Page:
Going in Circles
He remembered with something akin to amusement how he had once watched nothing but her bracelet's repeated transgression as it broke free of her tapered arm and fell around her round wrist only to be pushed impatiently back up. How his heart had thrummed in his chest at that dance between cool, disobedient ornament, and warm, perfectly formed woman. He could almost laugh at his past self. What a fool he had been, captivated by a bracelet about her lovely arm, the dance of her delicate fingers about the tea things. A sentimental fool.
Then later, another lifetime, or so it felt, the bewitching sight of crimson blood seeping so slowly from her temple her heart might conceivably be stilled by death's cold hand. How that image had haunted him. No more than the feel of her arms about his shoulders or her head nestled against his breast. That day, no matter how many passed since, existed for him as a series of vivid clips, so real he could, if he dared, reach out and touch the blood as it seeped thickly from her temple. The knife edge of his love still twisted in his gut when the remembrance came to him. Her form in his arms as he rushed her indoors, safe from the violence of the workers, his love, his heart's only unfulfilled desire, limp as a broken doll, her face wet with tears, her beautiful hair matted with blood. To this day he did not know what he had said to her, he only knew his heart had wanted to leap from his chest, to nestle next to hers forever.
And of course, he could never quite banish the most exquisite pain of all. Trembling anticipation; wordless, thoughtless hope; all crushed under the cold boot of her mortified anger. His beautiful Margaret, once again with her proud air of an unwilling slave, standing before him like one falsely accused, too indignant to explain, too noble to flee. How her face had gone suddenly white and then red and back to white, the only sign of her discomposure; that his words had meant anything at all. For all her icy dismissal, he would hold on to the flush of red, the glitter of a tear in her eye that would not fall. Magnificent Margaret, he defied her with his continued love and would do so until his own heart turned to dust.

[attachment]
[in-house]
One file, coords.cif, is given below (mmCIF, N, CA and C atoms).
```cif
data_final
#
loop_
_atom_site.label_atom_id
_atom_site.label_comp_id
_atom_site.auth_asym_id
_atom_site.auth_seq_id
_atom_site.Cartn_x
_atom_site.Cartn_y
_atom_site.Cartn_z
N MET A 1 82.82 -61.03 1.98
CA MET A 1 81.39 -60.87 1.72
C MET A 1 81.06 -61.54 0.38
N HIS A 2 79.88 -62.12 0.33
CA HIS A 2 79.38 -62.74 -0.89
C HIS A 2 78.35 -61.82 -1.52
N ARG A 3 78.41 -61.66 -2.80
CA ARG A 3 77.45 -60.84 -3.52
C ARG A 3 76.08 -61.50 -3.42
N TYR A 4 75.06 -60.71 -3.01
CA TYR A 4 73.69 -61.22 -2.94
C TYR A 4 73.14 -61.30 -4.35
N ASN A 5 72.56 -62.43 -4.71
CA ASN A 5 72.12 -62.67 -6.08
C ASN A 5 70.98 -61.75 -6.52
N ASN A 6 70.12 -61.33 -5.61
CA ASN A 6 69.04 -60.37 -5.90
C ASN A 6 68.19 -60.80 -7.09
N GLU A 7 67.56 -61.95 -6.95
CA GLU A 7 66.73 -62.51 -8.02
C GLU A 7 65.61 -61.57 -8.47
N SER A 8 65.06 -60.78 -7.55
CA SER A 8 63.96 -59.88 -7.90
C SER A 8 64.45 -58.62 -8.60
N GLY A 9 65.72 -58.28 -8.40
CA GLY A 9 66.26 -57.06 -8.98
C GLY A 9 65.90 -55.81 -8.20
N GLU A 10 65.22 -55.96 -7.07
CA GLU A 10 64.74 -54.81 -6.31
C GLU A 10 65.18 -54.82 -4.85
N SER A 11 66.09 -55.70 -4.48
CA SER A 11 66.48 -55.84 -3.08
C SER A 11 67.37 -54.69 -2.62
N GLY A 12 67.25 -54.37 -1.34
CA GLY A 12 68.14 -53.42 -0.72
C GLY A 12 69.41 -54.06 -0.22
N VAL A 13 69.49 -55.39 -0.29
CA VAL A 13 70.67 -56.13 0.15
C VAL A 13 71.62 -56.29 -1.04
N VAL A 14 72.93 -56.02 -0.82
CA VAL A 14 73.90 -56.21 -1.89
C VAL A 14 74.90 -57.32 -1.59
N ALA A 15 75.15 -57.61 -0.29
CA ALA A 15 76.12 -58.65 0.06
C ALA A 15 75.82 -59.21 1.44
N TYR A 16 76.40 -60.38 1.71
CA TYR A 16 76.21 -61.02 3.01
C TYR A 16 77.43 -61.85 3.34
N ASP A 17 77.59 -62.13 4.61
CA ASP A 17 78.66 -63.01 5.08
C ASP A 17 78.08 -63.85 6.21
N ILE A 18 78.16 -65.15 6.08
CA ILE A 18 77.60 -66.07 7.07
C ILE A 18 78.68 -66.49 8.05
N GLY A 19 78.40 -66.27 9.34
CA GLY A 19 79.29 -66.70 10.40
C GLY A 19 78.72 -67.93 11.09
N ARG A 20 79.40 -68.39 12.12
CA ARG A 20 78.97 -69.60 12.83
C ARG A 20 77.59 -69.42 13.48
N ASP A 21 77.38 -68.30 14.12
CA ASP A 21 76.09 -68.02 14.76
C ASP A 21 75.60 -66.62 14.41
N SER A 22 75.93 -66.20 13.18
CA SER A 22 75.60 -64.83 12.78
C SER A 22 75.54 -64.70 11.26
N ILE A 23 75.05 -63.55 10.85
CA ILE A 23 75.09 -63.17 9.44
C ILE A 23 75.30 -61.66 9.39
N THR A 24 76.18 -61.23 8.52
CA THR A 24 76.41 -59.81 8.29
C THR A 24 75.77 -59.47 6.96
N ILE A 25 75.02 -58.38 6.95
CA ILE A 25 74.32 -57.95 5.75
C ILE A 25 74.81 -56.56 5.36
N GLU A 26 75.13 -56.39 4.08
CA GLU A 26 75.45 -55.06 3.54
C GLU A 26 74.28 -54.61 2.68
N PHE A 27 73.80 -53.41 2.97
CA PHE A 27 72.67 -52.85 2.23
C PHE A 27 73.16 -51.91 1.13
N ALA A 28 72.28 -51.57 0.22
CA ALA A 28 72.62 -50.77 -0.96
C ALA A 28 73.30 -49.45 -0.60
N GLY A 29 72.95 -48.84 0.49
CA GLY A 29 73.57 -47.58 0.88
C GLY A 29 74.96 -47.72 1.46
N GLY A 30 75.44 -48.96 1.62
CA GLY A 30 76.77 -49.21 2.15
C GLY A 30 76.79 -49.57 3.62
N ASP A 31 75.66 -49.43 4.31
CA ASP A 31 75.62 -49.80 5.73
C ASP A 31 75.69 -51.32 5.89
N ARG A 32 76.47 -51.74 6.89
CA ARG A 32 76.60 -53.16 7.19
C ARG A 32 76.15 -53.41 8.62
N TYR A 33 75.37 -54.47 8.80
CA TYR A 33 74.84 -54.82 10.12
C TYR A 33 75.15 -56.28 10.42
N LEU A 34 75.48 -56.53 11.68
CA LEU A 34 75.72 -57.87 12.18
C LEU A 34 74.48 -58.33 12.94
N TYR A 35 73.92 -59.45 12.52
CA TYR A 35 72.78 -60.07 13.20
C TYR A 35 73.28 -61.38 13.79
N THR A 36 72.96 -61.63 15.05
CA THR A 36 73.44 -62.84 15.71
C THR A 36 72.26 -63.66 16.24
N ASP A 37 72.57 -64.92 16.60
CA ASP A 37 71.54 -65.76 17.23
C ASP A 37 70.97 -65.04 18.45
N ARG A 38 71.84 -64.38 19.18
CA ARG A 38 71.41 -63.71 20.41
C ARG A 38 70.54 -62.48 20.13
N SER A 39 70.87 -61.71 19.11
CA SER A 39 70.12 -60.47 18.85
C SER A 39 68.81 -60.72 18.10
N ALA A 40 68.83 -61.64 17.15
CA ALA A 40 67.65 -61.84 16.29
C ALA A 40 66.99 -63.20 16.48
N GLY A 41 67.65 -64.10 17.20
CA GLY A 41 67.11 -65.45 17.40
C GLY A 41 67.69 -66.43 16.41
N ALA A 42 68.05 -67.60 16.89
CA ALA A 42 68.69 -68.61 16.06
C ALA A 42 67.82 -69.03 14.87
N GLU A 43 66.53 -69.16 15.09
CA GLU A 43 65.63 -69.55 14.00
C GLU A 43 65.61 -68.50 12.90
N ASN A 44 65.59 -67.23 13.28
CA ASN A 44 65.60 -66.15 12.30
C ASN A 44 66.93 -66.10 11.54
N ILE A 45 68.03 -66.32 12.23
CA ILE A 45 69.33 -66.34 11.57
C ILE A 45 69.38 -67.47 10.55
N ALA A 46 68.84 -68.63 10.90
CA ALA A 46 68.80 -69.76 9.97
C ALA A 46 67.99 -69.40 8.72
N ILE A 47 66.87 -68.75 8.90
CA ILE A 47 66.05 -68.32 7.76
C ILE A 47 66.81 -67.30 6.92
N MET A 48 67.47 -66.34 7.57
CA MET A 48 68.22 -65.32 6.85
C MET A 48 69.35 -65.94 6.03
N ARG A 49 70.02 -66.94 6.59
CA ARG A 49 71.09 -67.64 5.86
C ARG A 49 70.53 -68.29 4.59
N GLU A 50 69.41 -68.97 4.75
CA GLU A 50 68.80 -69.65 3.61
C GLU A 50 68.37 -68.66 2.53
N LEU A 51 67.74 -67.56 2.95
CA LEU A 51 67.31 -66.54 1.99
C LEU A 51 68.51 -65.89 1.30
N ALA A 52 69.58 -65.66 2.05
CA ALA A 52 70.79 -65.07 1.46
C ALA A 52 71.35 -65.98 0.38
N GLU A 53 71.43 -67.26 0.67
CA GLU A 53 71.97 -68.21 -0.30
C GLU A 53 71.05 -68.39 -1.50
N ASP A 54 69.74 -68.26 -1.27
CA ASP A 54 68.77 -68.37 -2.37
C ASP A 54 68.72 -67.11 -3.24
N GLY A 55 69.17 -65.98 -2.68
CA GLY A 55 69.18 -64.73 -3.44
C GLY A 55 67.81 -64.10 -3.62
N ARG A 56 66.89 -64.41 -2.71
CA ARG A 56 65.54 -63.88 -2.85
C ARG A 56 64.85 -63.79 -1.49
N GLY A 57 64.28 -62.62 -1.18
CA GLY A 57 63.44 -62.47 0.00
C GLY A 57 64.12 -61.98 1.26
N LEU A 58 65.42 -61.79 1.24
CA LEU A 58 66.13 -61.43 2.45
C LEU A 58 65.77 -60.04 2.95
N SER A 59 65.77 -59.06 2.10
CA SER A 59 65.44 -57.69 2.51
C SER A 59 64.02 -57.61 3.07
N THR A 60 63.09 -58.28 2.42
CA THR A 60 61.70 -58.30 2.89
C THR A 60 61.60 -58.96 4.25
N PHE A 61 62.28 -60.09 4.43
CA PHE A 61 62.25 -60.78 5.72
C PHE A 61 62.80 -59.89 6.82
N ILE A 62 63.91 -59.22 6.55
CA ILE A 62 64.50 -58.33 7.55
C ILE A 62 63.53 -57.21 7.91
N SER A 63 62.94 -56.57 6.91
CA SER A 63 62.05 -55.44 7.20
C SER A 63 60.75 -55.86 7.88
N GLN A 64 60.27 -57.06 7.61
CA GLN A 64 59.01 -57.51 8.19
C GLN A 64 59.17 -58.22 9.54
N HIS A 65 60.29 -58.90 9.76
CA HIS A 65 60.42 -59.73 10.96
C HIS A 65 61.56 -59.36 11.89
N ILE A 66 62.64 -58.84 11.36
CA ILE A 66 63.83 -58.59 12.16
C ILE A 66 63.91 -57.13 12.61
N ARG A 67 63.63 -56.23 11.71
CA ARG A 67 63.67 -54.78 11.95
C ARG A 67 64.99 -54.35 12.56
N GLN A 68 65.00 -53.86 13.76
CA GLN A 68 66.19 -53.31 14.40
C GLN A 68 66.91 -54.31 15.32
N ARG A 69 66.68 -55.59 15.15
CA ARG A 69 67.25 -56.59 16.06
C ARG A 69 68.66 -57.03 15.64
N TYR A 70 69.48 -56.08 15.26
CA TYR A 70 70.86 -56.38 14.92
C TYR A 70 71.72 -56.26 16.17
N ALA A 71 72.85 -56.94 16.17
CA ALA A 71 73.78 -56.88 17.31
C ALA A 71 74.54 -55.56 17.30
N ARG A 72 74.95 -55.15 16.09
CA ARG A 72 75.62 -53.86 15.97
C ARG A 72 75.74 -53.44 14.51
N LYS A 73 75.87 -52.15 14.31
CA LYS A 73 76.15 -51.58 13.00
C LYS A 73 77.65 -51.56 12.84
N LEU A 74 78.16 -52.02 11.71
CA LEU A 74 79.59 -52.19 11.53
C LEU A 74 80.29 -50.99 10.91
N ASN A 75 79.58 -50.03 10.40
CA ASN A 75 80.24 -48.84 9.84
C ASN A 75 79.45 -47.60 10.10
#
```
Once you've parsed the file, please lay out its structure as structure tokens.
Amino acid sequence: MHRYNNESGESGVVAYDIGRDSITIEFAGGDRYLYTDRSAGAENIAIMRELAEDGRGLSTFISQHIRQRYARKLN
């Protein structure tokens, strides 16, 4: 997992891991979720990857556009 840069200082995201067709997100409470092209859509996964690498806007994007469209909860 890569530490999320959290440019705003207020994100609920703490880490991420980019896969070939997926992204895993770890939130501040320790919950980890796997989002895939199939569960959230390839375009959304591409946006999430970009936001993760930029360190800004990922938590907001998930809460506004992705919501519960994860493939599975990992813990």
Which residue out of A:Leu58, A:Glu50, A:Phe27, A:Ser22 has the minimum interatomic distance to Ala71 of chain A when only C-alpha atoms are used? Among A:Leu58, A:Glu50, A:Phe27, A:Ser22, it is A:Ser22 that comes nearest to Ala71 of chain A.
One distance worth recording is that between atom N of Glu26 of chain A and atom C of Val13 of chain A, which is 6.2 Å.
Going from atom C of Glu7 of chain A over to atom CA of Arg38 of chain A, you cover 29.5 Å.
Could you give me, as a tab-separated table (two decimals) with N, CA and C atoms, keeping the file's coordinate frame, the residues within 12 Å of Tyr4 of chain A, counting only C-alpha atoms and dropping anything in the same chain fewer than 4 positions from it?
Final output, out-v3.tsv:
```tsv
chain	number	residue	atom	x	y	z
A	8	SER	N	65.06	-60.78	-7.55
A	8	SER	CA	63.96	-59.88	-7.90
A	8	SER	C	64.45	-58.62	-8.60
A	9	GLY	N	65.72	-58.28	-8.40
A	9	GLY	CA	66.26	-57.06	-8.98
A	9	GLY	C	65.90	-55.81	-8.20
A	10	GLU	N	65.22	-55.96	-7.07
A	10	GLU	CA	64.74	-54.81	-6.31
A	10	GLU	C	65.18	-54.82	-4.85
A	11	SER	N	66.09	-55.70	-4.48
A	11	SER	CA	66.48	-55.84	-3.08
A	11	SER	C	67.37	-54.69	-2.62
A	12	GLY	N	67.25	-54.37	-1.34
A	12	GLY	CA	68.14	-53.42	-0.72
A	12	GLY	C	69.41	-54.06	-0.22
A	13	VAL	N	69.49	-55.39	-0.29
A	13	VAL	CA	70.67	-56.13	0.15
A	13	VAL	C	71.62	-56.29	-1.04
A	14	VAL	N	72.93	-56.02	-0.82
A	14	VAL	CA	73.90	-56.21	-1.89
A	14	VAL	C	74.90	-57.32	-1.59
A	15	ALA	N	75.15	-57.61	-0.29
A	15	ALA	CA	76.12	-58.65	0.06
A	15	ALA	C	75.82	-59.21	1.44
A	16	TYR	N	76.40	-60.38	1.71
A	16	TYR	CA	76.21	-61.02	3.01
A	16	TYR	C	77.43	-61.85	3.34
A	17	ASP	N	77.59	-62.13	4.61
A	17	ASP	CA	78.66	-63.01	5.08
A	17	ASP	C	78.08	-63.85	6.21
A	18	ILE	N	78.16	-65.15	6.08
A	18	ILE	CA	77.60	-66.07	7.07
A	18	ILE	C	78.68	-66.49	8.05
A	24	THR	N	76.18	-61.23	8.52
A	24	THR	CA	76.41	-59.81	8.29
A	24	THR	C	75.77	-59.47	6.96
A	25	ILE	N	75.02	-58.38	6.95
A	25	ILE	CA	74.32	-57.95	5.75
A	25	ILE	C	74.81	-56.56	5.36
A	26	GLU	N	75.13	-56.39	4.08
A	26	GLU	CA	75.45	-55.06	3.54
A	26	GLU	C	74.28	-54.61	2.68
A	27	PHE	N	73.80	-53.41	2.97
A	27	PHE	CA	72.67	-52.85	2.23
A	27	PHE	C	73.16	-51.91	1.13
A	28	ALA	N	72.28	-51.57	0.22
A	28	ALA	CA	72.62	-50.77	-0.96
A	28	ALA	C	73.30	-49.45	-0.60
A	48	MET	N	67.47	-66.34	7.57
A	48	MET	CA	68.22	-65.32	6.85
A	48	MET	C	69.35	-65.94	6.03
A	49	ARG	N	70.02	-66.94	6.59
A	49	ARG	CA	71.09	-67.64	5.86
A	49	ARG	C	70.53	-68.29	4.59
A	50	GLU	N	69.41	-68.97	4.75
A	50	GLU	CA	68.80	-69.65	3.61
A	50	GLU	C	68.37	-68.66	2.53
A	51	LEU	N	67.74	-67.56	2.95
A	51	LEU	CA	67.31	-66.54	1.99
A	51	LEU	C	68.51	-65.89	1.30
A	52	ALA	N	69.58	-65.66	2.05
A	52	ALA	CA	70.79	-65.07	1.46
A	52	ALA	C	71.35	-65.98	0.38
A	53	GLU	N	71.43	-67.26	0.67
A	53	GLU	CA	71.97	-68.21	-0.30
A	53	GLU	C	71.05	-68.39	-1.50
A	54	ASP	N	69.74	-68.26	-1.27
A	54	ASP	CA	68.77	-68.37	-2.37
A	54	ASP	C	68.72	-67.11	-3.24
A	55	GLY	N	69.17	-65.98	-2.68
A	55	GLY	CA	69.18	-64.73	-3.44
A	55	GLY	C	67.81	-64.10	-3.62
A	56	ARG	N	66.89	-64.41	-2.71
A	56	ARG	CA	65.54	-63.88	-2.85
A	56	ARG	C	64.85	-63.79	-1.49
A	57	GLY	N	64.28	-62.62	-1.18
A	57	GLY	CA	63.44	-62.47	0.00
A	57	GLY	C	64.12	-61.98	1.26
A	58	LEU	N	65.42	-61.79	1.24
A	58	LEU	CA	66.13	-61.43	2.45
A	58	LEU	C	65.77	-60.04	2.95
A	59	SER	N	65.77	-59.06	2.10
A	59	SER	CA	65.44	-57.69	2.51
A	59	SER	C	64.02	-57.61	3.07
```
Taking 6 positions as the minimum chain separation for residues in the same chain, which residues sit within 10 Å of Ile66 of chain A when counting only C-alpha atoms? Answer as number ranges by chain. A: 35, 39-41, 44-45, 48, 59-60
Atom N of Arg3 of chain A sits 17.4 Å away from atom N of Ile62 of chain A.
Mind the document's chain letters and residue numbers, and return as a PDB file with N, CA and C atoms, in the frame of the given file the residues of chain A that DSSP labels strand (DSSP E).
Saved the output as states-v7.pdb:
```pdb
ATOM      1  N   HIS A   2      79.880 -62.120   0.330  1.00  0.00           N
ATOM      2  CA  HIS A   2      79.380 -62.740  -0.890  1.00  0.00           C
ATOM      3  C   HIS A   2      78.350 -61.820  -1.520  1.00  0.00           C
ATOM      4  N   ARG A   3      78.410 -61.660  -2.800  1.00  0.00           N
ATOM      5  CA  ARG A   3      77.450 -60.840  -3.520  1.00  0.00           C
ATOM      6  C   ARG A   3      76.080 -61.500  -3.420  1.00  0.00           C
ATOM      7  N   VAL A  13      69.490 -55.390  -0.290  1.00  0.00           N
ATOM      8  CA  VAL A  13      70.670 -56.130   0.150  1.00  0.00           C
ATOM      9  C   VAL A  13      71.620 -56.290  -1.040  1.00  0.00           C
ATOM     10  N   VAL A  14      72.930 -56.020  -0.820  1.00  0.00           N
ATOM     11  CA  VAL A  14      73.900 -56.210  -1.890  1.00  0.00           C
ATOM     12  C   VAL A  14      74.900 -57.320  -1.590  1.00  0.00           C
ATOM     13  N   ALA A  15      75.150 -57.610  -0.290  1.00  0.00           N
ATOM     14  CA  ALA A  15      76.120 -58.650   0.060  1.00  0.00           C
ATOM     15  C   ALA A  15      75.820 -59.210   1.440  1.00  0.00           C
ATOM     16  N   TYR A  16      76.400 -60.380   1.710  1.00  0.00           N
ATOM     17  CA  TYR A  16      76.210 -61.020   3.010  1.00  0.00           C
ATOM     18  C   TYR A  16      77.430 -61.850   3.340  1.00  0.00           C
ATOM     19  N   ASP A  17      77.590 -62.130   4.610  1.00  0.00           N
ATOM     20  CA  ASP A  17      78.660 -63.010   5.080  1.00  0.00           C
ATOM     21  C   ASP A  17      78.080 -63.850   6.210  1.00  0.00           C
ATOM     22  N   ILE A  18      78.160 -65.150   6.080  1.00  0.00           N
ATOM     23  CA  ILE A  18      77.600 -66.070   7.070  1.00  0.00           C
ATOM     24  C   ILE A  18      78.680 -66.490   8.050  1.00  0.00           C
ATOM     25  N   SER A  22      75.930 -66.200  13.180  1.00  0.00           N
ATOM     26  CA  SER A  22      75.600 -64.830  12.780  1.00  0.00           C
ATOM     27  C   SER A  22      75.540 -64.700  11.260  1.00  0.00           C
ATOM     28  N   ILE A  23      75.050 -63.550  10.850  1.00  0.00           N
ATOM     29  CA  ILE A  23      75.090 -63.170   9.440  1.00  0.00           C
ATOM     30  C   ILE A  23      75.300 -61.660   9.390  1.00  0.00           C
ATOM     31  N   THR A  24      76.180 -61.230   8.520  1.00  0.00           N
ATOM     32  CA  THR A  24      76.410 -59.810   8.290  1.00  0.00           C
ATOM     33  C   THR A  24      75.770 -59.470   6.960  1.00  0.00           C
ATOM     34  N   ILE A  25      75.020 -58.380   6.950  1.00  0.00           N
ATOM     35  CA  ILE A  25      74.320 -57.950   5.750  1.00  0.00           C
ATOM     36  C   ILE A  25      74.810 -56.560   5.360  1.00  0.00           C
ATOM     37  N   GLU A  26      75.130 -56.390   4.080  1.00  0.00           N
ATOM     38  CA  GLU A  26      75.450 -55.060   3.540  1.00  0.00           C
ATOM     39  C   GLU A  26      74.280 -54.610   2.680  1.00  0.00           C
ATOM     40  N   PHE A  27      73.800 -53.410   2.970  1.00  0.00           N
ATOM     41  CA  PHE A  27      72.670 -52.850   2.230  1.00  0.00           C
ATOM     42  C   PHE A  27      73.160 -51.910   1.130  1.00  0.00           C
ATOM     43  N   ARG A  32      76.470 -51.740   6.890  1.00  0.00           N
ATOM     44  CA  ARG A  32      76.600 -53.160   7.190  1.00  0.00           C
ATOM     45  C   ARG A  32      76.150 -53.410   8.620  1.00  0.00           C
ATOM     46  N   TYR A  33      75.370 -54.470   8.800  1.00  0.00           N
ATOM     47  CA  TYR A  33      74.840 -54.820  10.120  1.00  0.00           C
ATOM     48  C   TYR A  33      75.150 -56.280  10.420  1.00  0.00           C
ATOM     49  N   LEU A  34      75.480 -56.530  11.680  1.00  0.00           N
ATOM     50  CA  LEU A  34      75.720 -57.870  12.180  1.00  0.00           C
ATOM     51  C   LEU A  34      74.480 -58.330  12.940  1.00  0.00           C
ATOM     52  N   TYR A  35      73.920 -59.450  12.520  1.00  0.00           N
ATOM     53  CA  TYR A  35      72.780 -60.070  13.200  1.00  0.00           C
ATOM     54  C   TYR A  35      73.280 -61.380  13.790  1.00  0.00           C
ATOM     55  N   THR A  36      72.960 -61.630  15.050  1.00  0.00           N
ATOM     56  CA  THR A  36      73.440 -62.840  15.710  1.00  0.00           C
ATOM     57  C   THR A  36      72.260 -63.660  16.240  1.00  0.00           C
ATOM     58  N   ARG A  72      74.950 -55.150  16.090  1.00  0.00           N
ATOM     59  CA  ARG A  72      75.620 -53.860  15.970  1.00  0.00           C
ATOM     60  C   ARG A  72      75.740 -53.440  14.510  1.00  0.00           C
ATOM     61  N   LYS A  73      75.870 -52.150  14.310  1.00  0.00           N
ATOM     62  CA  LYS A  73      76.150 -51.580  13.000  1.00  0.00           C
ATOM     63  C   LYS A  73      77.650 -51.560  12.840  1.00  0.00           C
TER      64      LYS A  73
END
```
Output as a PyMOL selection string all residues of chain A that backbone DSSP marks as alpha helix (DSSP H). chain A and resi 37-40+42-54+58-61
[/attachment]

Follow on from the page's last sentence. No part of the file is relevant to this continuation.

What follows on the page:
Now she was leaving. Her carriage had long since disappeared from view, though he had not moved from the door-step, though snow was gathering in the folds of his jacket. He could not move, could not return to the Spartan familiarity of the dining room, to suffer Fanny's impertinent commentary or his mother's penetrating looks, not before he was back in control. It should not have affected him so. She did not love him, and more importantly, she was gone to London and would never return. Still, his mind clung to the image. A bare band of skin above the edge of her practical Milton shoes. Creamy, delicate flesh, untouched by sun or man, exposed for only a half second as she stepped up to the carriage. He could have dropped to the ground and grasped it, cradled her tiny foot and pressed soft lips to her maidenly flesh. But no, she would never be his, he should not even have looked. He certainly should not dwell on the image, but no matter how hard he tried within himself to forget, he could not erase the forbidden glimpse from his mind any more than he could banish the owner of that sweet, womanly ankle from his heart.
A/N: written in response to this challenge from Kittyknighton: North & South; John Thornton/Margaret Hale; he has a scandalous disposition, in either thought or deed, toward said lady's ankle.